Review Of Seachrán Samhraidh (Summer Fling) Exhibition
11th July 2003
The current exhibition at Joan Clancy Gallery in Ring Seachrán Samhraidh (Summer Fling) is full of bargains and the Rinn
peninsula in Summer is a natural gallery in itself. Work by John Cullinan, Martin Quigley and Wishy Martin reflect pastoral
settings and a young artist from Carrick-on-Suir, Andrew O'Dwyer, has two fine examples of the scraped back mono-tone of
shades of fencolours.
In a jigsaw of shapes faces emerge and merge out of a scumbled cloud and if you look side-ways-on you might see Elvis. Danny
Cunnningham's layered mottled, splashy style is very fashionable.
The exhibition is dominated by recent work from Rayleen Clancy who will never be on offer at such reasonable prices again.
Four of her workaddy Helvick landscapes were snapped up, but it is her figurative work that catches and confronts the viewer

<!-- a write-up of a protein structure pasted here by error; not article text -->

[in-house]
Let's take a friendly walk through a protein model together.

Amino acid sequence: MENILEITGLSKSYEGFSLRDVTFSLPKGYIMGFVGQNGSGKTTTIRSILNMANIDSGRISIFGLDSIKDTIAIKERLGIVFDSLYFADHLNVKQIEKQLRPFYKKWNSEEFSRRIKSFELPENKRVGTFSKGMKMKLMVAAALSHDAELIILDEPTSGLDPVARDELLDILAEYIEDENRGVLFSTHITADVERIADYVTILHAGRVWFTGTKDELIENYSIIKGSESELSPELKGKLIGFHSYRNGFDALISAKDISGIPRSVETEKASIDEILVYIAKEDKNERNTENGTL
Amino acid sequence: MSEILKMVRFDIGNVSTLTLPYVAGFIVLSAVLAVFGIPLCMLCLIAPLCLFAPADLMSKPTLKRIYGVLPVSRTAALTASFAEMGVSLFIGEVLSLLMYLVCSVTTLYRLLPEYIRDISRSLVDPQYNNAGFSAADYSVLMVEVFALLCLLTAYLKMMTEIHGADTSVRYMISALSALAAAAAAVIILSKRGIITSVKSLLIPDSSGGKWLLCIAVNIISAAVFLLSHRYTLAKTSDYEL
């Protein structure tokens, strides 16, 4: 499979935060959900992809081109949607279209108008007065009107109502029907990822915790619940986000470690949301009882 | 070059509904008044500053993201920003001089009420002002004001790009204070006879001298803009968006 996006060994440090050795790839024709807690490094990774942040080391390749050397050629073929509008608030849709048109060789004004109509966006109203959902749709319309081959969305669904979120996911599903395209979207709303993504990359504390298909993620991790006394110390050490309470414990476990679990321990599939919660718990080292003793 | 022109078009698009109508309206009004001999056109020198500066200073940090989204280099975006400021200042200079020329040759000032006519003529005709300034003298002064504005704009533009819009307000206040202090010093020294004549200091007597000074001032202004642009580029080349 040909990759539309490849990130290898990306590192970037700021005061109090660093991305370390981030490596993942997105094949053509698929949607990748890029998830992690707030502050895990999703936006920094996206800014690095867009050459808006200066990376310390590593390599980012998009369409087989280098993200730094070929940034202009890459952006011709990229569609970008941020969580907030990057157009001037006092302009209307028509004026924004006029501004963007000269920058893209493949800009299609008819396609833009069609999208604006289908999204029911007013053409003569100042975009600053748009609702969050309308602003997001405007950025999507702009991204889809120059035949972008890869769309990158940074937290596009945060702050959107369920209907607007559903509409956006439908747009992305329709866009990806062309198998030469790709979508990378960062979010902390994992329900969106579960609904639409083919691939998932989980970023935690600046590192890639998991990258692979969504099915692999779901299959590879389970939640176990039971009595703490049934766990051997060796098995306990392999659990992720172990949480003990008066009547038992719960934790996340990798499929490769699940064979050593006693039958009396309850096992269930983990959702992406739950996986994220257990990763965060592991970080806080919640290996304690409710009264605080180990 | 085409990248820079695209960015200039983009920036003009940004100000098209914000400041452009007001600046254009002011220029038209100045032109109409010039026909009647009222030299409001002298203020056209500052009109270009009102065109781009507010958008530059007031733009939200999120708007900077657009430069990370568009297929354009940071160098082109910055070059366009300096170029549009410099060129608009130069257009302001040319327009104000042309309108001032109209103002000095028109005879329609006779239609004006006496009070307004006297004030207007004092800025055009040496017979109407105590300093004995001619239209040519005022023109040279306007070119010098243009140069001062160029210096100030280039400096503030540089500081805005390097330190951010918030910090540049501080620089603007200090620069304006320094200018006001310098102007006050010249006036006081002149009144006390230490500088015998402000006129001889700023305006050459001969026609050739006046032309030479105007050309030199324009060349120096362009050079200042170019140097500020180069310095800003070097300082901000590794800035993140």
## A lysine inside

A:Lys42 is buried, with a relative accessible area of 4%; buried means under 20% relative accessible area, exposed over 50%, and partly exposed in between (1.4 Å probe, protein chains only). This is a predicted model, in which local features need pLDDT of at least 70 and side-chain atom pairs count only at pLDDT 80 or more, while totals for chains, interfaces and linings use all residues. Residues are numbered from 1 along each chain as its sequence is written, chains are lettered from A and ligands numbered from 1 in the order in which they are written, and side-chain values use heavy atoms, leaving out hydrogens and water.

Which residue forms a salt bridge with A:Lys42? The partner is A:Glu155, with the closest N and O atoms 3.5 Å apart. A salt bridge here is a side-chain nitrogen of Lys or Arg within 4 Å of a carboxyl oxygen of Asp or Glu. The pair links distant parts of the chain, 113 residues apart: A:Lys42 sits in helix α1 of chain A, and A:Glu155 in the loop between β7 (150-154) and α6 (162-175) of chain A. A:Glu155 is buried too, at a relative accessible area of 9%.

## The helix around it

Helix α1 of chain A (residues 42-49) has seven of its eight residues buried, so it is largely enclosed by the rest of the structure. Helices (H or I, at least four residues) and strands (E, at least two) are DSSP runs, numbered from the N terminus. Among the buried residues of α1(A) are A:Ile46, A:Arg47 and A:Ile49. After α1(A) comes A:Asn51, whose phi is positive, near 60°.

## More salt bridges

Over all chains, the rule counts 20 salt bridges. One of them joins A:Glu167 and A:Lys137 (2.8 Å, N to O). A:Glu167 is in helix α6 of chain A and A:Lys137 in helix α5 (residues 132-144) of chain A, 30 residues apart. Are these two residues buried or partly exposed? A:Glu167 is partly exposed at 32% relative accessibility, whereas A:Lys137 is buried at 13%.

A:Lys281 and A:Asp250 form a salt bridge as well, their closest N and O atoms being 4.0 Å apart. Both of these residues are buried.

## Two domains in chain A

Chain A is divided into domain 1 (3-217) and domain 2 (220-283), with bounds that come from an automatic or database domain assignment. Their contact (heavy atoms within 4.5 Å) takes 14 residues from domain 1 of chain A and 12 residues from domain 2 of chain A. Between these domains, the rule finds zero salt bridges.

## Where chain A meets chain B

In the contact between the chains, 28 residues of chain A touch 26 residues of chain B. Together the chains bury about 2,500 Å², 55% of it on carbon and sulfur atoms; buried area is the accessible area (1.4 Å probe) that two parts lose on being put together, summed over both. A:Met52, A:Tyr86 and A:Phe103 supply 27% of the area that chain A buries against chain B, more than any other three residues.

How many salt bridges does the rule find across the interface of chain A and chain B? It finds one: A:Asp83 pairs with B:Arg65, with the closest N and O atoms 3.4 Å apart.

with its severe and imperious faces that stare out at you in theatrical poses.
The theatrical cinematic feel is hightened by the use of bright red wigs on the studies and a quartet of images in kimonos
floating on pools of light against a clashing green background is stunning. The photographic techniques makes the bodies seem
shortened and the heads seem larger and more threatening. If you are interested in psychology then there are issues of
identity at work in these paintings but RELATIVE THOUGHTS is a splendid canvas at €500. Some of this work can be very inward
looking like I.D. and KIN but that is the paradox as the eyes, the faces, look out at you. Sometimes people buy paintings for
the landscapes or familiar settings but Rayleen Clancy is at the stage where people will buy her work because it is the work
of Rayleen Clancy.